bianca_gonzalez.jpgWilling Willie TV host Willie Revillame criticized Bianca Gonzalez and other celebrities like Lea Salonga and Jim Paredes on live television on April 6 after they tweeted negative statements about his show, reports. Bianca had tweeted about an episode of Willing Willie, in which a 6-year-old boy performed a suggestive dance to get a cash prize. She posted, “I was never a fan of kids dancing 'adult' dances, whether they be boys or girls.. i think kids should dance like [kids]” and “i'm still bothered by the 'bullying" video. what's more disturbing is, the audience laughing hysterically as the host poked fun at the kid.”

Bianca opened up about the incident on April 11 on talk show Showbiz News Ngayon (SNN) and urged people to take responsibility for their posts online, especially on Twitter. “Hindi naman po ako nagpo-post ng mga mapanirang statement. Hindi ako nagpo-post ng kahit anong iresponsableng statement and kung ano man ang inilagay ko doon, paniniwala ko po iyon. Kaya ko namang panindigan (I don’t post slanderous statements. I don’t post anything irresponsible. I believe in whatever I put on my Twitter account, and I can stand by my word),” she is quoted as saying on an article on

She explained that while she gets positive tweets from people, she also receives ones that aren’t. “Opinyon ho iyon ng bawat isa at iginagalang ko rin ho iyon. Just like kailangan natin igalang ang opinyon ng bawat isa (Everyone has their own opinion, and I respect each one in the same way we all have to respect each other’s opinions),” she said. “Sana gamitin itong mga social networking sites sa responsableng paraan kasi napakagandang tool nito para maka-connect tayong lahat sa isa’t isa. (I hope we use social networking sites in a responsible manner because they’re great tools for connecting people.)”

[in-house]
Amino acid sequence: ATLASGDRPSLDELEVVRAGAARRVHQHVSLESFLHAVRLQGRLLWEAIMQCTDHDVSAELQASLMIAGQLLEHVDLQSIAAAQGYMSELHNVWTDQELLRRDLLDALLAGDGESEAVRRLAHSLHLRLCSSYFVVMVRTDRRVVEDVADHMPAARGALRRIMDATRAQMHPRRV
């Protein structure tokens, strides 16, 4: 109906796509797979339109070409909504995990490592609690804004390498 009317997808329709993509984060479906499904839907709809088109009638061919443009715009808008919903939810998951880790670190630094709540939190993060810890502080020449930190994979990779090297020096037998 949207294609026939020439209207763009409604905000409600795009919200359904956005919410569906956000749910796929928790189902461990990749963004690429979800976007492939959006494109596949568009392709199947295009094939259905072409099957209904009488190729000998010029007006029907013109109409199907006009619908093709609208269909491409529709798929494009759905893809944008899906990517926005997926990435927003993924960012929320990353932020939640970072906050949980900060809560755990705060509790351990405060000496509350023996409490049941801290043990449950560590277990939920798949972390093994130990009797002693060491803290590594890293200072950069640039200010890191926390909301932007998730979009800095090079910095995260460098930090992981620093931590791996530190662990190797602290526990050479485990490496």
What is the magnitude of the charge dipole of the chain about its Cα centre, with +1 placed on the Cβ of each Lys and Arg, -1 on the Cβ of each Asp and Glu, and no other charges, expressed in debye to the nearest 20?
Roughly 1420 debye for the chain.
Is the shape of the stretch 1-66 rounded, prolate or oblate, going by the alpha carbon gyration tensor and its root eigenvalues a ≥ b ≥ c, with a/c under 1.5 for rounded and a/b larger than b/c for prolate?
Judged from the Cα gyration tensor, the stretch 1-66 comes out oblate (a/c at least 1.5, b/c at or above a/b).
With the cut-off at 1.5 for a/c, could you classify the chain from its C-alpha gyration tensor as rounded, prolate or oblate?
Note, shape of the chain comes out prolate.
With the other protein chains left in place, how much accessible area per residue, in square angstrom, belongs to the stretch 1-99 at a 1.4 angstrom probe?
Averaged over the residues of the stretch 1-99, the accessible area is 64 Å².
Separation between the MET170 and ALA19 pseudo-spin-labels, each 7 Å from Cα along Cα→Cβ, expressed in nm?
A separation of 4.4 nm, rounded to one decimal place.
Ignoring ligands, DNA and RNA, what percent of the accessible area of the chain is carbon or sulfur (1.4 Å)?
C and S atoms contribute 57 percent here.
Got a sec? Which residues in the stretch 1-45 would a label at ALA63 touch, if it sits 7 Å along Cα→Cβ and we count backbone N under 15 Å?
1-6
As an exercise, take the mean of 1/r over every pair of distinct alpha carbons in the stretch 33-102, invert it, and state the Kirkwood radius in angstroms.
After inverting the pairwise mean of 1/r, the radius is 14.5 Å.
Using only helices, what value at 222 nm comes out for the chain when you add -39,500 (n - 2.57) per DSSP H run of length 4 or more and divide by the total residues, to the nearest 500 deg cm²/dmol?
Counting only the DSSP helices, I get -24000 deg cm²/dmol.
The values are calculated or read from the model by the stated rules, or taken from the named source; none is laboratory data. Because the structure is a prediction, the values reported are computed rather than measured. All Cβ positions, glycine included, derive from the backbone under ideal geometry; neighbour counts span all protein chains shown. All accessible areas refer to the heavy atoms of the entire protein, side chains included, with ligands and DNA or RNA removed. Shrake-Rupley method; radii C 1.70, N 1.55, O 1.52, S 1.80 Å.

With the Philippines being the 6th top Twitter-using country, Bianca’s call for using social media responsibly is an urgent one. Are you a Twitter user yourself? Before you venture into the Twitterverse, lessen the chances of stepping on other people’s toes and learn how to Tweet sensibly with these five etiquette tips.


Remember that even when you’re replying to someone on Twitter specifically (i.e., when you @ someone), your tweets will still appear on your feed and on your common followers’ timelines. This means whoever decides to visit your account at random will be able to see your conversations with your friends. So before you @ someone, consider whether or not what you’re tweeting them about is something you’re comfortable with posting in public. If it’s not, try sending direct messages (dm) instead, so that only your intended recipients will be able to see them.

In the same manner, if one of your followers sends you a dm, don’t reply to him with an @ or post the content of his dm as a public tweet. A simple mistake could damage you or your friend’s reputation. There's a reason why he sent it privately, and you should respect this. If you really feel this is something you should share, ask for his permission first--and if he doesn't give it, respect his wishes. Is your friendship really worth a cute or funny Tweet?


Re-tweeting is a very useful tool on Twitter that allows you to spread interesting information you got from others to your own followers. This also gives them a heads up in case they want to check the account of the person who originally posted the tweet (if they find him interesting, they might want to follow him too). It helps develop the Twitter community, and it’s great for networking—after all, this means people can pass on your tweets too!